Sunday, May 15, 2022

Unwin and Tolkien agree

 So, there's the famous episode where JRRT, a year after THE  HOBBIT was published, angrily repudiated Germany's anti-Semitic laws -- specifically by refusing to make an official statement declaring that he was not Jewish, such a statement being required by his prospective publisher for a German edition, which wd have been the first translation into another language (See LETTERS OF JRRT, page 37, letter of 25 July 1938 for details).

I thought I remembered a different incident in which Unwin made his own opposition to anti-Semitic madness clear. It's years ago now since I read Stanley Unwin's autobiography, THE TRUTH ABOUT A PUBLISHER--the title is a play on Unwin's famous polemic about the publishing business, THE TRUTH ABOUT PUBLISHING--and I couldn't find a specific passage I was looking for. 

My memory said that in his autobiography Unwin told the story about foiling Nazi anti-Semitic laws, which forbid anyone  of Jewish ancestry from owning a business. To get around this, Unwin bought three or four German publishers for a token price (say, a pound) . Then at the end of the war he returned them to their original owners for the same token price.

Does anyone out there remember this episode? Am I looking in the wrong place for it (i.e., is it in David or Philip Unwin's autobiography instead)?

Although I wasn't successful in finding the anecdote I wanted, I did find a different passage that shows Unwin, to his credit, as having taken an anti-Nazi stance early on (1933), as opposed to others (like Roy Campbell, who was enthusiastically pro-Hitler at that point). Here's the passage:

It was . . . an interesting indication of the mounting

 indignation at the Nazi treatment of the Jews when,

 in April 1933, I received a discreetly worded letter

 from my good friend Dr Gustav Kilpper, the 

representative of Germany on the Executive, that,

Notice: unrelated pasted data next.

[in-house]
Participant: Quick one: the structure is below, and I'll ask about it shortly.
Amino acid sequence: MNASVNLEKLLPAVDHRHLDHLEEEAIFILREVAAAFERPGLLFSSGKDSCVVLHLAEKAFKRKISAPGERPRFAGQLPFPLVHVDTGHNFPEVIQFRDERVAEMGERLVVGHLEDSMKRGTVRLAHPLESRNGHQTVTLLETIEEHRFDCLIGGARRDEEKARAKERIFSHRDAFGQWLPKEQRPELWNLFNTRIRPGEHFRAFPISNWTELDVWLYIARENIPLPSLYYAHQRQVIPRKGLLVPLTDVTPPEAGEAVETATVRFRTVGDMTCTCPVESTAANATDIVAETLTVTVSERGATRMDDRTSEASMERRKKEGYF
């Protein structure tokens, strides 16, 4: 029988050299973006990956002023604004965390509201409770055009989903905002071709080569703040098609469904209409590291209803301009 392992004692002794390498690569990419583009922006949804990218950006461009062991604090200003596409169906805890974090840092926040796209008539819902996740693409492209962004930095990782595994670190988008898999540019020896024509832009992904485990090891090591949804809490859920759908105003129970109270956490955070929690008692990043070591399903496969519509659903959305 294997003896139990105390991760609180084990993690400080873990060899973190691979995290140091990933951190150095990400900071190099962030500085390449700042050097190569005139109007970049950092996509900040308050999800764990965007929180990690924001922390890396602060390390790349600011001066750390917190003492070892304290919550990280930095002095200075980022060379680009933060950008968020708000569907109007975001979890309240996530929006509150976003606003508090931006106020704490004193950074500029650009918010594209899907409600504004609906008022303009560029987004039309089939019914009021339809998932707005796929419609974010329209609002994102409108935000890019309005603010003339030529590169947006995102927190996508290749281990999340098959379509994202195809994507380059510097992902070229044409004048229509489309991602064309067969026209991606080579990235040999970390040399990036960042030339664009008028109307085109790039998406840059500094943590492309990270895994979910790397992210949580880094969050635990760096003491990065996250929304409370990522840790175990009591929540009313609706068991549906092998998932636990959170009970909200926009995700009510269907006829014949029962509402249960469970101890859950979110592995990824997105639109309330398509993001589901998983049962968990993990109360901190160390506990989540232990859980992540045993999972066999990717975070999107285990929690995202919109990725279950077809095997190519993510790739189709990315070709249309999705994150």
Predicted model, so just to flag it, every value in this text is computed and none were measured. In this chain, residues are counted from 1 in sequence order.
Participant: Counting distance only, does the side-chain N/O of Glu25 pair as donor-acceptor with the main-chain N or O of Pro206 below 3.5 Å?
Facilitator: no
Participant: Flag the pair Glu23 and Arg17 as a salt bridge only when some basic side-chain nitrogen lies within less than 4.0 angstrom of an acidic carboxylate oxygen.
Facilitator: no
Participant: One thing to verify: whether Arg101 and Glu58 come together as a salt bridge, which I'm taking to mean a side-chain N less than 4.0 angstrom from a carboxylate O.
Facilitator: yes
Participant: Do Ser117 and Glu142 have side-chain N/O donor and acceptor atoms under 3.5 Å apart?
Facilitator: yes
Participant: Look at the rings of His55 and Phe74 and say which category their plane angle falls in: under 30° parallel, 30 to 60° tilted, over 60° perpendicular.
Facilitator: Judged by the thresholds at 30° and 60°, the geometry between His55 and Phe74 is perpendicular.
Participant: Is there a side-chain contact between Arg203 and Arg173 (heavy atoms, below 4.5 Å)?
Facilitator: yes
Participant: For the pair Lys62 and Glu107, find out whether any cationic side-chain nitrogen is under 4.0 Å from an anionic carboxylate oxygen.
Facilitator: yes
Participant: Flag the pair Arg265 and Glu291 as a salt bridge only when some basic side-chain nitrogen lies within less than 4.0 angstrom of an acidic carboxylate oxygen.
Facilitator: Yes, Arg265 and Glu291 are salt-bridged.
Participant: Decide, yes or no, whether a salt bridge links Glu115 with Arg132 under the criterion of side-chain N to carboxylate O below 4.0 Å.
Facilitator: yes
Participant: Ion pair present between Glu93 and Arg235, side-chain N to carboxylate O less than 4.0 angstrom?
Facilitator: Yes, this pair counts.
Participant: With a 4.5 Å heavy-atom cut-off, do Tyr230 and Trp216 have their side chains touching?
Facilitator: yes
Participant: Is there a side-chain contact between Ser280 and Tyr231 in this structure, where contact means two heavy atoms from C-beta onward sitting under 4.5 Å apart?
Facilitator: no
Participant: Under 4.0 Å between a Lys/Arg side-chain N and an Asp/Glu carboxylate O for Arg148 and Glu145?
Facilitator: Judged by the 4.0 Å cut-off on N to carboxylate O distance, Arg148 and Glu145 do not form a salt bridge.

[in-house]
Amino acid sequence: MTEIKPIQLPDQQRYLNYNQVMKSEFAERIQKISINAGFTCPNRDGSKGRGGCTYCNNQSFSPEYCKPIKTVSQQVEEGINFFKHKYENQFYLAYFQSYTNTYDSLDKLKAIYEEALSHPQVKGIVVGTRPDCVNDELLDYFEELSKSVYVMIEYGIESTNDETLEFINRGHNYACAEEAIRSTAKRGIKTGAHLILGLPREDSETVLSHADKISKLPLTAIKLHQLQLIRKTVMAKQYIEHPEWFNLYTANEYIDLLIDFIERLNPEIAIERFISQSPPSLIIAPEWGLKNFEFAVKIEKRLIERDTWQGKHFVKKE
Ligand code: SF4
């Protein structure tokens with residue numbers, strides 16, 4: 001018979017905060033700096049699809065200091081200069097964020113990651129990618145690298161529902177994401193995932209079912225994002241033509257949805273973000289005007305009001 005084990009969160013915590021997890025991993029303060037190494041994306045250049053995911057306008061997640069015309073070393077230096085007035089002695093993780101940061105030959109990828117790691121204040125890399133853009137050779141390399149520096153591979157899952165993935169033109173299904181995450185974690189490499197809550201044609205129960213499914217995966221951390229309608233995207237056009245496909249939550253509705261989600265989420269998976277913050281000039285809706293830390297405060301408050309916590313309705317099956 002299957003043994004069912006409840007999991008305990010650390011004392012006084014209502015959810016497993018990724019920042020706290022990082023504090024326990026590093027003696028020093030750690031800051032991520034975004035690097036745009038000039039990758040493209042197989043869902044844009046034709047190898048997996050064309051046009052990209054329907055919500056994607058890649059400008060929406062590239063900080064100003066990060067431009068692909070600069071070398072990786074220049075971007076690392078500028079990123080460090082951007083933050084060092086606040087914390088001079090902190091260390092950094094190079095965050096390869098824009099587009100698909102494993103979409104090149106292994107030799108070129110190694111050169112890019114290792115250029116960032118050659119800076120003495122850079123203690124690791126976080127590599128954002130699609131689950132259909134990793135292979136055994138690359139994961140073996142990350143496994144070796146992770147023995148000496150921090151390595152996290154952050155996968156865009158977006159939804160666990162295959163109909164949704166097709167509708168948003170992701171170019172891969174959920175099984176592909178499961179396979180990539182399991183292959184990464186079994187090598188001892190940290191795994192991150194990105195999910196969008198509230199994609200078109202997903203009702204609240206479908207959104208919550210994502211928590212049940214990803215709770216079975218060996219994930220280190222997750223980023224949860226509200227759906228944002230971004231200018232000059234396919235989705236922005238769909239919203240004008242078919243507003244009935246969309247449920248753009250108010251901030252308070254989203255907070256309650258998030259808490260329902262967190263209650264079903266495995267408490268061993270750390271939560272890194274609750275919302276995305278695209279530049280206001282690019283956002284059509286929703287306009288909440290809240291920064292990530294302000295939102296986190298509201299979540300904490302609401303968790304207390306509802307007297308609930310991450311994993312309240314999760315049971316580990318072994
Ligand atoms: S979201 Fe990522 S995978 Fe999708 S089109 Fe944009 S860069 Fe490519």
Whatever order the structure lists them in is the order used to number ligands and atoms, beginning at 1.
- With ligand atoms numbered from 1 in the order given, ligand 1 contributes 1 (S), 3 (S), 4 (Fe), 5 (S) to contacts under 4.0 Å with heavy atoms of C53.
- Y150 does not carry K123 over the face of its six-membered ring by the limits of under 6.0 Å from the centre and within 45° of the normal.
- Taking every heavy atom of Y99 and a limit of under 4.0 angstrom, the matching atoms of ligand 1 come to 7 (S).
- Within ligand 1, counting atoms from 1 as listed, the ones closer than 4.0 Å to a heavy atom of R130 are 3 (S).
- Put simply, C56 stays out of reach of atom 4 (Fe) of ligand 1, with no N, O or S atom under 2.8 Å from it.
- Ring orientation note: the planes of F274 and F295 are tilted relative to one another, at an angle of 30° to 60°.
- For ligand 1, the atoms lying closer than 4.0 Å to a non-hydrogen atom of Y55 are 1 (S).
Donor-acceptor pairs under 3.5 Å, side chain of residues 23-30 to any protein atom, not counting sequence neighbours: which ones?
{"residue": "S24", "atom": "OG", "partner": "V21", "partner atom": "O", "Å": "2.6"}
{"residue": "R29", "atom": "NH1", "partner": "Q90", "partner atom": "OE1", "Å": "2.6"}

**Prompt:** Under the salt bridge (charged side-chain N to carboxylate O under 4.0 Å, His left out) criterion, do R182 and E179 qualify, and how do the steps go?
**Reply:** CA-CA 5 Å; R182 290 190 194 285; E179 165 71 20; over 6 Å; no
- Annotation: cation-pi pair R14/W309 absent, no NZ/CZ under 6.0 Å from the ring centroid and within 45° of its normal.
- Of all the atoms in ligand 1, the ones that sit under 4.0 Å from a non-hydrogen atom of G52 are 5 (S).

although it might easily be misconstrued if the

 suggestion came from Germany, they felt that, 

in view of the tension in the atmosphere, it would

be wise to postpone the Brussels Congress to 1934

 . . . It proved, however, too late to do so.

At the Brussels Congress Dr. Kilpper went much 

further than such an enlightened man had any 

justification in doing in defending the Nazis,

 who showed their appreciation by turning him

out of office. Following the Congress he 

urged my son and myself to join him on a

holiday on the Eibsee, which under other 

circumstances we would gladly have done.

 My reply read as follows:

'I very much appreciate your letter of the 11th 

July with its kind invitation. But the news that

 reaches me this morning of the glorification

 of the murderers of my friend Rathenau --

one of the most enlightened and noble-

minded men I have ever met -- makes

 it more than ever clear that Germany 

under the present regime is no place

 for me. That an assassin could be 

regarded in 1933 as a hero is incredible. 

What are we coming to?

[THE TRUTH ABOUT A PUBLISHER, 1960, p.401-402]

The context of this, for those like me who know less about the Weimar republic than Wikipedia does, is something like this: Unwin, who was the leading British expert on international publishing issues, had played a large role in the revival of the International Publishers' Congress, which had lapsed in 1920 just after the end of The Great War. It held biannual meetings with a rotating host city (starting with Paris 1931).  

Rathenau is Walther Rathenau, Foreign Minister of the Weimar Republic, the only Jewish member of the Republic, who was assassinated in 1922 by a reactionary anti-Semitic group, the Organisation Consul. The assassins were hunted down: some died in a police shoot-out, others went to prison, and some evaded punishment, so far as I can tell. Following national mourning, a number of monuments were put up in his honor.  Then when the Nazis came to power they knocked down the monuments in Rathenau's honor and replaced them with monuments celebrating his murderers. That's the outrage that had Unwin so worked up.

--John R.

current reading: Thorne Smith's SKIN & BONES -- a minor late work comprised almost entirely in dialogue.

1 comment:

Paul W said...

It is important to recall that Weimer Germany had many anti-Semitic and right-wing terrorist parties beyond the Nazis. My family's own home town of Osnabruck had a home grown, anti-Semitic party led by a local doctor that exerted influence until the Nazi takeover in 1933. :(

Unity behind a single party didn't come until later. This multiplicity of parties of hate allowed them to avoid responsibility for terrorist attacks like the assassination mentioned, just as the large number of such organizations in the U.S. today allow various politicians to avoid responsibility while spreading hate. :(